NEW YORK — According to a new study by Little League Baseball and the University of North Carolina, the most damaging practice to young arms could be the number of pitches thrown, not the type of pitch.
As noted in The New York Times Sunday, March 11, the study proves curveballs are not as dangerous for young pitchers as once thought. The study surveyed 1,300 pitchers, from 8-year-olds to college-level athletes.
Dr. James Gladstone, orthopedic surgeon and sports medicine expert at the Mount Sinai School of Medicine in New York City, said: “This is interesting because it goes against the grain of current thought, which is that curveballs are the most damaging to growing bodies. The number of pitches and the amount of breaks taken during the season should be decided by age level.”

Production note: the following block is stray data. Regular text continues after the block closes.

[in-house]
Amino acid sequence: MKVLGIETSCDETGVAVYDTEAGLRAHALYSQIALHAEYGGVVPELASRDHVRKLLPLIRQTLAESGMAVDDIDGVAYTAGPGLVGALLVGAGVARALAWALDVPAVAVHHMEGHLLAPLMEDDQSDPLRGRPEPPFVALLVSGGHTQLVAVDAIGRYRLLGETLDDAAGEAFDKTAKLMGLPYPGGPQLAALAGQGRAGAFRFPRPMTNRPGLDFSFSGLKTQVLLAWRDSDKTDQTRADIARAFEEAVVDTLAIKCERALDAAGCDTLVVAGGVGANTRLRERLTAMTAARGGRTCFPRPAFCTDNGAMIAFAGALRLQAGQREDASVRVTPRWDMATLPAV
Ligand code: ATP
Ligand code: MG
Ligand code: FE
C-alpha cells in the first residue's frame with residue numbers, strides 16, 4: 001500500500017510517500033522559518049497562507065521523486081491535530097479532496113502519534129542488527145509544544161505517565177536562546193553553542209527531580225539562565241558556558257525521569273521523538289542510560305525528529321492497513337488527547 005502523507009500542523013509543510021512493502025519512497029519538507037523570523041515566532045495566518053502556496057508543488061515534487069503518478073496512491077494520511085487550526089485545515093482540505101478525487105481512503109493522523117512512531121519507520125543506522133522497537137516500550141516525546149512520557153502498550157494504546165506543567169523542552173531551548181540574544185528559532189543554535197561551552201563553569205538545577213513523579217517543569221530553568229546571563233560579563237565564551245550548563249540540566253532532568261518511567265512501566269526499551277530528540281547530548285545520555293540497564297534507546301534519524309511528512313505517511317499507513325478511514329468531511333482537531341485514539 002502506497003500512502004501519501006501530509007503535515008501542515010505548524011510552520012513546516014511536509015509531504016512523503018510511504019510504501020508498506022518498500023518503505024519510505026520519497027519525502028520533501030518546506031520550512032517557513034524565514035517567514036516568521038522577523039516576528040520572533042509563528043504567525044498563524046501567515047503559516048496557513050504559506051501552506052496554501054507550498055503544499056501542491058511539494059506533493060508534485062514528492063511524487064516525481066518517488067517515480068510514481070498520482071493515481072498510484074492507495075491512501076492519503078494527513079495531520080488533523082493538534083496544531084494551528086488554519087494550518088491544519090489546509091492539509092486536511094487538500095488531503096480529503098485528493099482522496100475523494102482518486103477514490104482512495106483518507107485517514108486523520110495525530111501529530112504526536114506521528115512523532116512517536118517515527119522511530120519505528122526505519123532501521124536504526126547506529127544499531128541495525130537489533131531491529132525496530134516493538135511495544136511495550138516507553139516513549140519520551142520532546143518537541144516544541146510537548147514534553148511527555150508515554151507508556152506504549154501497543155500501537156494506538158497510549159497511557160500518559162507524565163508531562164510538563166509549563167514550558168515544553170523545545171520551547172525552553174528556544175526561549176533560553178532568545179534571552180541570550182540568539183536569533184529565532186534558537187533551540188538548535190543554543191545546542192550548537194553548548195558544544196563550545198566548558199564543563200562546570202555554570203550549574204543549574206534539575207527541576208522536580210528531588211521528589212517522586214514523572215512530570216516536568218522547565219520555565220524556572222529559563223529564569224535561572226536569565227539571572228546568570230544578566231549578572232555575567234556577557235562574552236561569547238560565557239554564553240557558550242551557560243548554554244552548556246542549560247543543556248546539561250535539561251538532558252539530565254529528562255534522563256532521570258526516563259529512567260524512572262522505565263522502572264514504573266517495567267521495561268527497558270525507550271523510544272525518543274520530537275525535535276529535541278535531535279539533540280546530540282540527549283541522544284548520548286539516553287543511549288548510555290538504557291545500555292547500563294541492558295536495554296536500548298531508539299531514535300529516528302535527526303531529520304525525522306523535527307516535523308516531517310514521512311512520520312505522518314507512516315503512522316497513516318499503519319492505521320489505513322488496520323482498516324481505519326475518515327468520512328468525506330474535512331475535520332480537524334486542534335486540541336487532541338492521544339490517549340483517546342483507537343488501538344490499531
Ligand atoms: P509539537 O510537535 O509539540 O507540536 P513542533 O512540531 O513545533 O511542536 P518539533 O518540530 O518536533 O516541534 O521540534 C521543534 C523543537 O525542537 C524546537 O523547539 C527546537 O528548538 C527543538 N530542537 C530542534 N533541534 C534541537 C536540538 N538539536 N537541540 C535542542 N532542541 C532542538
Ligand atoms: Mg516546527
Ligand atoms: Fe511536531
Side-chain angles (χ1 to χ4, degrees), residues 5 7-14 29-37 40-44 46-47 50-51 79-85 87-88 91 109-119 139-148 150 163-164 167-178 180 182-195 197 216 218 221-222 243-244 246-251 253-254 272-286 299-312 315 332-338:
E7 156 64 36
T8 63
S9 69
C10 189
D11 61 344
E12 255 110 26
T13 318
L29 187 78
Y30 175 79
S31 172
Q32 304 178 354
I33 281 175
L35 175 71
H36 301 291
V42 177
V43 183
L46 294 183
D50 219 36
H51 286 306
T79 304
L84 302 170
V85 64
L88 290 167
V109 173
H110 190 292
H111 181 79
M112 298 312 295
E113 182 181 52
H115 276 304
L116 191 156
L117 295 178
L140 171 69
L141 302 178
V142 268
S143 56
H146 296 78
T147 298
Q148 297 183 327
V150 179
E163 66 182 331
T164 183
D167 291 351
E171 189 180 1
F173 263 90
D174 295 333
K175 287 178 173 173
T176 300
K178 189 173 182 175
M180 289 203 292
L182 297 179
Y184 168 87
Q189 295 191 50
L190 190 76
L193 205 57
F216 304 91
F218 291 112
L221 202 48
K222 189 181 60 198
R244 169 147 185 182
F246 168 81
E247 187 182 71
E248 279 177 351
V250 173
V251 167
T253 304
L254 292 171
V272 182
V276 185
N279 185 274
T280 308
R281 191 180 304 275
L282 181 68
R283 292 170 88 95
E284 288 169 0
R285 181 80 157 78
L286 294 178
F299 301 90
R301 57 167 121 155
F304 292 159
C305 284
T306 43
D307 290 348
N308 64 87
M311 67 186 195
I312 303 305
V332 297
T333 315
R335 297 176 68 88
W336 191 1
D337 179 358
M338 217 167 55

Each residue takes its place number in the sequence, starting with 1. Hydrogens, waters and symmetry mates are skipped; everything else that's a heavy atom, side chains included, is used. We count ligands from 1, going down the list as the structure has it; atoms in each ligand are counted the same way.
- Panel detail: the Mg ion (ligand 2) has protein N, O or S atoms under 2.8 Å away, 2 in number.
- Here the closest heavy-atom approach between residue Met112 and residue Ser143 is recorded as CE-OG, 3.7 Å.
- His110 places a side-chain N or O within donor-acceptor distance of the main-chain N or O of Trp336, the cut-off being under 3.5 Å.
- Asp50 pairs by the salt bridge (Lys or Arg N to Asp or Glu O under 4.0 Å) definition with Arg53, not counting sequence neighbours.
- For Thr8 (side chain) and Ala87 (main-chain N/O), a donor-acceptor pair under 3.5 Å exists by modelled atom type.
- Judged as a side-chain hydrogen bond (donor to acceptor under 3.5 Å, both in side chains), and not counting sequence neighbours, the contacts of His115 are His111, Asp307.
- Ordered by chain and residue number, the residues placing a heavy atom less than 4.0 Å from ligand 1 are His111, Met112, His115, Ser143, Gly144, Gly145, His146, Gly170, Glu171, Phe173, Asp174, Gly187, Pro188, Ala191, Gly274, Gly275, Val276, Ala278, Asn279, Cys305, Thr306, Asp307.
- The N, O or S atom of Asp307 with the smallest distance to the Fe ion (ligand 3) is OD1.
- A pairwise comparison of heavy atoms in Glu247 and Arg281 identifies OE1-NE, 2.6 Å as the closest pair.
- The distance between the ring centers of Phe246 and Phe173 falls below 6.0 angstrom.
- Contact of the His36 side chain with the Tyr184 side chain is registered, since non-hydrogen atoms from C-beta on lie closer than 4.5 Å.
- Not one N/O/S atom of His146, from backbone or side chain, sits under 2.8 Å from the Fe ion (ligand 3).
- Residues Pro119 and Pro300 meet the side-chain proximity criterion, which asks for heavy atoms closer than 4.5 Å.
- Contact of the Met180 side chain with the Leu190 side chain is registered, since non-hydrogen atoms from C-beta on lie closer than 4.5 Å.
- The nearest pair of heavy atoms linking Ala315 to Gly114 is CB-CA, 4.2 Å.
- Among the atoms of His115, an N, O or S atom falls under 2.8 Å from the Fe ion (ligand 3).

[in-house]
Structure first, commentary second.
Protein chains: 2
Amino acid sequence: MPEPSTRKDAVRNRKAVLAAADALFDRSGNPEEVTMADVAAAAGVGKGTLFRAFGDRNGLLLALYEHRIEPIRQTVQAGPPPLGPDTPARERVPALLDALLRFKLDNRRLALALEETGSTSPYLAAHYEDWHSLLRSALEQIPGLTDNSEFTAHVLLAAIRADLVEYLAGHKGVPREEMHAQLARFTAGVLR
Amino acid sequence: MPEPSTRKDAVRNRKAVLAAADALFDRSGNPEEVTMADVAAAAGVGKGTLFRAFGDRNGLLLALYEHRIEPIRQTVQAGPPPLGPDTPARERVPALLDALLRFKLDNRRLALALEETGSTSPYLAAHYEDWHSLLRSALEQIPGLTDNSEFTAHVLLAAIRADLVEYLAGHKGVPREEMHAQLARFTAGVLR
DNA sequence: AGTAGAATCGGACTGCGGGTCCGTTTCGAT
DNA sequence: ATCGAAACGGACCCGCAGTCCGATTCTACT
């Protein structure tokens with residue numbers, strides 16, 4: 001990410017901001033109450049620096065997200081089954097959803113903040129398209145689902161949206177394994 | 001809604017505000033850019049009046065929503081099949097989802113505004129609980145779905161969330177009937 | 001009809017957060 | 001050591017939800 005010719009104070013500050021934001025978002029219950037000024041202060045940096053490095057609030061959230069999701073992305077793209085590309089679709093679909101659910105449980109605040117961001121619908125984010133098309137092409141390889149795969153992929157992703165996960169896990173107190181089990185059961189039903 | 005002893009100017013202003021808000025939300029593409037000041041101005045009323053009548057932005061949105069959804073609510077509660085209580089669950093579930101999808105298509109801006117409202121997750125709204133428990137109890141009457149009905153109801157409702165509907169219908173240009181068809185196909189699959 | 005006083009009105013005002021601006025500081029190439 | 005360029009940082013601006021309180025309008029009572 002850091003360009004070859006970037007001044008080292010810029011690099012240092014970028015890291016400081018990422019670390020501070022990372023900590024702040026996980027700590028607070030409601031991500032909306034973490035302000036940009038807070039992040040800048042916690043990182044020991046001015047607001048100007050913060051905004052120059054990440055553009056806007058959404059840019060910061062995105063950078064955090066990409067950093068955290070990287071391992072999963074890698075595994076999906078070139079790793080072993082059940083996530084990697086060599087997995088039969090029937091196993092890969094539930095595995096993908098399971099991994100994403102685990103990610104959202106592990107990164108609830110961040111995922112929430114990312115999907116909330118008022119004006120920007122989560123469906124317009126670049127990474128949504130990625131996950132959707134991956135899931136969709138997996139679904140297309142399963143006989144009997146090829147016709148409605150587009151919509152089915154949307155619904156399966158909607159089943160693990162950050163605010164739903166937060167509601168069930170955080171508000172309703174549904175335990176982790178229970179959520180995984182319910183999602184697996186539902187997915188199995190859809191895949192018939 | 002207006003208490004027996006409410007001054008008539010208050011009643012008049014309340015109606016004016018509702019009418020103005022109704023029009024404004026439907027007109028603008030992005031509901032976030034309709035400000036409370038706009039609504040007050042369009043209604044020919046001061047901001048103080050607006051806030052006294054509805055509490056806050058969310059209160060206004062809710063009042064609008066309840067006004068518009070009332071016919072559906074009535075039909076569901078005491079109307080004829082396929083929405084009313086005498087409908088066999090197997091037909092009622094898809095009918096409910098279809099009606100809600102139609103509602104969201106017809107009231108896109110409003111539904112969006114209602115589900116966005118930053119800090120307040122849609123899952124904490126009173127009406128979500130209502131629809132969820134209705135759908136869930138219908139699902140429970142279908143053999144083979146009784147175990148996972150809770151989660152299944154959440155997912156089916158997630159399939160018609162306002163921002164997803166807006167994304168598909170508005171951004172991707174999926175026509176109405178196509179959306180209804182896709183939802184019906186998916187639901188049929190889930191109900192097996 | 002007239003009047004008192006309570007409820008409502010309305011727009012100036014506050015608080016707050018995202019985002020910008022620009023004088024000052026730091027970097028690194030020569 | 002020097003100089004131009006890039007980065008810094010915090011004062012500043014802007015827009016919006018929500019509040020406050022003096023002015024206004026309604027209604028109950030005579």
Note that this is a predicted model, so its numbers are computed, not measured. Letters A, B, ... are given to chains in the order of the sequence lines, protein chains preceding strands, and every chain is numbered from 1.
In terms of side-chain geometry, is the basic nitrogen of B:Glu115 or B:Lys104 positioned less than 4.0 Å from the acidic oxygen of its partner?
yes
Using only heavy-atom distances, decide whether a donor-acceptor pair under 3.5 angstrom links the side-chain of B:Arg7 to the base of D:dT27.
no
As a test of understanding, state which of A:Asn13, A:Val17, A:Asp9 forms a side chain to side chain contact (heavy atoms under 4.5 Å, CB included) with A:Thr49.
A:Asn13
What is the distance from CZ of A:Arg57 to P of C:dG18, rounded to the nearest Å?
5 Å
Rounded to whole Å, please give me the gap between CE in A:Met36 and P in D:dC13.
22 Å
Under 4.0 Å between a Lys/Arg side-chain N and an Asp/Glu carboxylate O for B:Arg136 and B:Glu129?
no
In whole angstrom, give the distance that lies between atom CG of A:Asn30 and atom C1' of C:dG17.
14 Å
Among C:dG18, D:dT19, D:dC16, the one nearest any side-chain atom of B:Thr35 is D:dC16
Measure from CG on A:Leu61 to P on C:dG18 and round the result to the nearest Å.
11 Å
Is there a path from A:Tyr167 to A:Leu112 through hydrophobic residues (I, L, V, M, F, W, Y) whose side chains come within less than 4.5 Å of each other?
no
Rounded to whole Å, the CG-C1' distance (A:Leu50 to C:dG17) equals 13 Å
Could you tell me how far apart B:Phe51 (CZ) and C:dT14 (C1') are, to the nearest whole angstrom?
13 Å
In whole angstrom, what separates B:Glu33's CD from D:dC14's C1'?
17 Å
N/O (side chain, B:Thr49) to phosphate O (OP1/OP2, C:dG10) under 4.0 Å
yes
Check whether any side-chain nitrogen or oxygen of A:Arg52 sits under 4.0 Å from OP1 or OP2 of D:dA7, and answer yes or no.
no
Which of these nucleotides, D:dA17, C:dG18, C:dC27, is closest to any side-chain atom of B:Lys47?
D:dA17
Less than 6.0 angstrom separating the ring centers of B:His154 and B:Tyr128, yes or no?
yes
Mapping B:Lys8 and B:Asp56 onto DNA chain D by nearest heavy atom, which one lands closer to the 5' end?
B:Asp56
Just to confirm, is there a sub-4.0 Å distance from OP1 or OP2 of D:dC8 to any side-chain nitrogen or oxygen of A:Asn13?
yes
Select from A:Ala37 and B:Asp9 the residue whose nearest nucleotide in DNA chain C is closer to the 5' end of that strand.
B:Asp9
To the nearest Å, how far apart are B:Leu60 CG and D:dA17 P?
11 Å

It’s not necessarily about throwing curveballs, but throwing too many pitches, as the pitching motion is not a natural one.
Within the last 10 years, Dr. Gladstone and Dr. Alexis Colvin have seen an increase in youth injuries as a result of overworking the same muscles again and again. Many children play on several different teams during the baseball season, which can lead to strain.
The level of expertise among school nurses and trainers varies widely. Parents must learn to identify and treat common and potentially serious medical issues by insisting younger children take breaks between sports seasons.
From the March 21-27, 2012, issue